Tyler Perry exposes bigotry of Spike Lee Left
There is a rift in the Black Hollywood director community, but the real rift is the same as in the liberal-conservative, redstate-bluestate, Southern/anti-southern divides.
Tyler Perry of House of Payne and movie character Madea fame appeared on 60 Minutes this week to respond to criticism from Spike Lee:
“We’ve had this discussion back and forth. When John Singleton [made Boyz in the Hood], people came out to see it. But when he did ‘Rosewood,’ nobody showed up. So a lot of this is on us! You vote with your pocketbook, your wallet. You vote with your time sitting in front of the idiot box, and [Tyler Perry] has a huge audience. We shouldn’t think that Tyler Perry is going to make the same film that I am going to make, or that John Singleton or my cousin Malcolm Lee [would make]. As African-Americans, we’re not one monolithic group, so there is room for all of that. But at the same time, for me, the imaging is troubling and it hearkens back to ‘Amos n’ Andy.’”
I only vaguely remember “Amos and Andy” as a child. Many people I know and respect that were never racist loved the show. I have never seen a whole episode of House of Payne, but I have seen Tyler Perry portray “Madea” in a video of the play “Madea Goes to Jail”, staged in here in Atlanta, and was blown away by how real it was and how conservative were the values it transmitted.
So, it was with great anticipation that I watched Perry’s response on CBS this past Sunday:
“I would love to read that [criticism] to my fan base. All these characters of mine are bait, bait to get people talking about God, love, family, and faith. You know, that pisses me off. It really does. Because it’s so insulting. It’s attitudes like that that make Hollywood think that these people do not exist and that’s why there’s no material speaking to them, speaking to us.”
“All these characters are bait, disarming, charming, make-you-laugh bait, so I can slap them into situations where they can talk about God, love, faith, forgiveness, family, any of those things,” says Perry.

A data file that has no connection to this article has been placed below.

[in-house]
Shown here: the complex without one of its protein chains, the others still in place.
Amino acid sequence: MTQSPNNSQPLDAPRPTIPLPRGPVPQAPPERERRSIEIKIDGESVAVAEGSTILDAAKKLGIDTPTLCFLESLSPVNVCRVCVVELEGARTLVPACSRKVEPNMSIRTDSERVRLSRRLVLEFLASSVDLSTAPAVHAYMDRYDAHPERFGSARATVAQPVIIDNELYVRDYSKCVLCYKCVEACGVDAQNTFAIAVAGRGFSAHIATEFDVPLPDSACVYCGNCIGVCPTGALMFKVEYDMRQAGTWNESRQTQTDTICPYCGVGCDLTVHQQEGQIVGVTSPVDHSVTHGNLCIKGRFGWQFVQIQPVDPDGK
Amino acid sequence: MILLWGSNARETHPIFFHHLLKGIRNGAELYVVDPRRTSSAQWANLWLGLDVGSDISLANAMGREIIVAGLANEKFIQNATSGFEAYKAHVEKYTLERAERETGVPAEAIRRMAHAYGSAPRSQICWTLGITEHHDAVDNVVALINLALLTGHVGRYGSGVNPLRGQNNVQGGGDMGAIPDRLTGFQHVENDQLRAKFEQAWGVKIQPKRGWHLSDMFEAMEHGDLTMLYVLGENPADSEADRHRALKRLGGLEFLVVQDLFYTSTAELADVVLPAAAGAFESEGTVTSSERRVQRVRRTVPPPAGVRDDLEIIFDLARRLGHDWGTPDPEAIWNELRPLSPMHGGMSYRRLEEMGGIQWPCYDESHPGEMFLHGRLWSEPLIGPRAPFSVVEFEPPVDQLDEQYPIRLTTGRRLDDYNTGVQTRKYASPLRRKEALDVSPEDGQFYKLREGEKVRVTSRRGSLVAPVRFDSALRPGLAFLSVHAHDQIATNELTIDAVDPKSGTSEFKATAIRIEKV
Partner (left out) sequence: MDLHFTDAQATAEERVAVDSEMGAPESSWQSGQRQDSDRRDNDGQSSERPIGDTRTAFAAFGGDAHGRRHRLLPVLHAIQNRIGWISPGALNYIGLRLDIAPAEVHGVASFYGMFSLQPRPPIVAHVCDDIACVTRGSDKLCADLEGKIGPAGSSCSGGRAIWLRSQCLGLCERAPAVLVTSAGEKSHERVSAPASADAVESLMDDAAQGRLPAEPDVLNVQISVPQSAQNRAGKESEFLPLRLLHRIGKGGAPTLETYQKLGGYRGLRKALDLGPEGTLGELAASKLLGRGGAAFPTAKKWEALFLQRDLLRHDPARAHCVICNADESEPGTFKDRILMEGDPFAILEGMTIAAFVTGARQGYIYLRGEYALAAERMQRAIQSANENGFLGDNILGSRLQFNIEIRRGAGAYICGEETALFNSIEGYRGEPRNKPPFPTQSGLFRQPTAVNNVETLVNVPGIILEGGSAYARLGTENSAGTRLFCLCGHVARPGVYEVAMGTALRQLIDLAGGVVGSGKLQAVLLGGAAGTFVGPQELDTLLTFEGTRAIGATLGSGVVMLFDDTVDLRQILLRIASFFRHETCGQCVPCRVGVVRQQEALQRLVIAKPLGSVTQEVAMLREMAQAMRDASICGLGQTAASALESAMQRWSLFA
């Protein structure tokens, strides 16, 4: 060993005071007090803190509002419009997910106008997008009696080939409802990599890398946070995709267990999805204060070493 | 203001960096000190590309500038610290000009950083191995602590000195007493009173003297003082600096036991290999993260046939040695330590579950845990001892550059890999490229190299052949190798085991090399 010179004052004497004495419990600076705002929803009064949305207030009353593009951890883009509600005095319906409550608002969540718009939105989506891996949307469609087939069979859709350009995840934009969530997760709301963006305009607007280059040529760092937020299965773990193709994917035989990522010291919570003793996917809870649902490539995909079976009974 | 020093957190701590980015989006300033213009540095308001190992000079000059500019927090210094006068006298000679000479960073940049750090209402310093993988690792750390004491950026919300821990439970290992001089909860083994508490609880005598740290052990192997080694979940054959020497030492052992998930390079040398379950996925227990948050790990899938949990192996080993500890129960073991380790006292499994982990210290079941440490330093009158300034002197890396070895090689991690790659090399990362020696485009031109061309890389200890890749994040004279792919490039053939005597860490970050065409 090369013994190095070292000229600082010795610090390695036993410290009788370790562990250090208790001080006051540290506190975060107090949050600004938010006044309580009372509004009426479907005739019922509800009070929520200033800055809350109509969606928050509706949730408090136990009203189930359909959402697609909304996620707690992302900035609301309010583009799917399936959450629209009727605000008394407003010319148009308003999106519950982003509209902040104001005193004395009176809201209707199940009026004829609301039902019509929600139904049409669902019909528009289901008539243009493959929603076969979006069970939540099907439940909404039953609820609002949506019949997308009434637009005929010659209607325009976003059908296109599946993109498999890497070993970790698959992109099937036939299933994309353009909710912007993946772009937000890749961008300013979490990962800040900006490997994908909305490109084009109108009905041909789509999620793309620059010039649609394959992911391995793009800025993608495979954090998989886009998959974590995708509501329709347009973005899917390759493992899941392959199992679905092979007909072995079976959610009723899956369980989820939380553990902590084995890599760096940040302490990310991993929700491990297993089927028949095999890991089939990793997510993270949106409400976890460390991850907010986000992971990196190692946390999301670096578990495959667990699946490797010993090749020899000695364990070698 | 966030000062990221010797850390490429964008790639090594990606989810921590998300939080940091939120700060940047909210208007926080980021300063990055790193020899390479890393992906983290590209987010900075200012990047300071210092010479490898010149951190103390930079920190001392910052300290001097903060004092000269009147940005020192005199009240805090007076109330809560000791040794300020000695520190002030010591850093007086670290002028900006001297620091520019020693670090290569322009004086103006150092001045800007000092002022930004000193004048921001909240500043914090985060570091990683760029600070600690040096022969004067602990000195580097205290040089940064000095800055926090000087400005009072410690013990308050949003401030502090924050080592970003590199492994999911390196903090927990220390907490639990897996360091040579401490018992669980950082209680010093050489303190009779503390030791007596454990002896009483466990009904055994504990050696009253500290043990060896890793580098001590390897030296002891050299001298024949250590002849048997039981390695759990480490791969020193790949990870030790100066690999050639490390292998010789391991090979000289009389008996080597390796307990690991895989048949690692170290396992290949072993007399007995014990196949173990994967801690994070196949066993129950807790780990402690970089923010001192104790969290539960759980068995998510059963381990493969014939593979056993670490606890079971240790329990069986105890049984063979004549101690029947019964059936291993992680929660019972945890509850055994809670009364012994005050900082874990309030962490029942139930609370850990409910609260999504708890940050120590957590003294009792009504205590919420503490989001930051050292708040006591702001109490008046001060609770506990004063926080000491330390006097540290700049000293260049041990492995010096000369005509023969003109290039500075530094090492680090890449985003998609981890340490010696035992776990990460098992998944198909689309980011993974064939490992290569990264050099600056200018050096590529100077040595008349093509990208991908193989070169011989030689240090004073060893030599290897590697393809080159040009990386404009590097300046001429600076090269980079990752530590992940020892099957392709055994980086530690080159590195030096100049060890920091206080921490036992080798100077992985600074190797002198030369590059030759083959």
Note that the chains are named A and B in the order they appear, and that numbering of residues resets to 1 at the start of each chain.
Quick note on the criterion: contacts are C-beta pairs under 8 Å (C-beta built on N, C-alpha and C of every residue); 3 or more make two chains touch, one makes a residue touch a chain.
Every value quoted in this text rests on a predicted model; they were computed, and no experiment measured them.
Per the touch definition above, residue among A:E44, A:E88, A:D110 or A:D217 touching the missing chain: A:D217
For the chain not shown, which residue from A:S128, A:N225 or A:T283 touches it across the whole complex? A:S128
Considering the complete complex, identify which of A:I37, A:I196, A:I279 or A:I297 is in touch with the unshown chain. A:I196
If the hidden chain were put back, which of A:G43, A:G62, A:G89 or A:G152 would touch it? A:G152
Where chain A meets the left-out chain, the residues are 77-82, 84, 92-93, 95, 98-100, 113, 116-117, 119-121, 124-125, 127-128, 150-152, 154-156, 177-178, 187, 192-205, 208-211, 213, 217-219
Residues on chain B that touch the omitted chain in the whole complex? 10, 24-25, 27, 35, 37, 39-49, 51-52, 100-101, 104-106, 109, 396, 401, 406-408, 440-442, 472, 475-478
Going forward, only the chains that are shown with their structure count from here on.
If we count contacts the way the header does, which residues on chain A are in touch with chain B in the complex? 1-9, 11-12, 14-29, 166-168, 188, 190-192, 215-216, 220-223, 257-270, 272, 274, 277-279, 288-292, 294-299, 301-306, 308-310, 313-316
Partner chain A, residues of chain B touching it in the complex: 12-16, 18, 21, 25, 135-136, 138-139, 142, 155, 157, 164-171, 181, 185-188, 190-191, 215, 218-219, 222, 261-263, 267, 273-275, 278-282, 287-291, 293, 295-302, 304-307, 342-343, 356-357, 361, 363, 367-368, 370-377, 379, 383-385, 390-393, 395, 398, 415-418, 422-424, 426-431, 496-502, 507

And it is in the resentment of Lee and others concerning the “characters” that really reveals what underlies the spite. It reminds me of liberal criticism of some supposed caricatures of black folks that the critics lambasted as racist due to the big lips and other features of the drawings.
Turns out the drawings were accurate depictions of the black subjects, and it made me suppose that maybe many liberal blacks and whites harbour personal disgust (racism?) with respect to certain blacks. And this Lee/Perry episode makes me think that much of the spite directed at Perry’s characters is based on anti-Southern bigotry.
As Perry essentially says in his interview (see it all here), these folks exist, whether NY, Boston or Hollywood likes it or not. Most are in the South, but many are up north and out west as well.
And for conservatives, they are ripe for the picking to turn blue states red, much as my earlier column on Jason Whitlock’s apology to Rush Limbaugh shows as well.
Madea totes a gun to protect herself, her home and and her loved ones. Even in a perfect world the police usually arrive after the innocent are victims. Perry’s Atlanta while too busy too hate, ain’t a perfect world. But many in Atlanta and elsewhere are about building a more perfect union from the same Judeo-Christian principles that the Founders relied upon.
Spike Lee resents that fact almost as much as he resents non-politically correct un-reconstructed Southerners and Blacks.
“One man with courage makes a majority.” – Andrew Jackson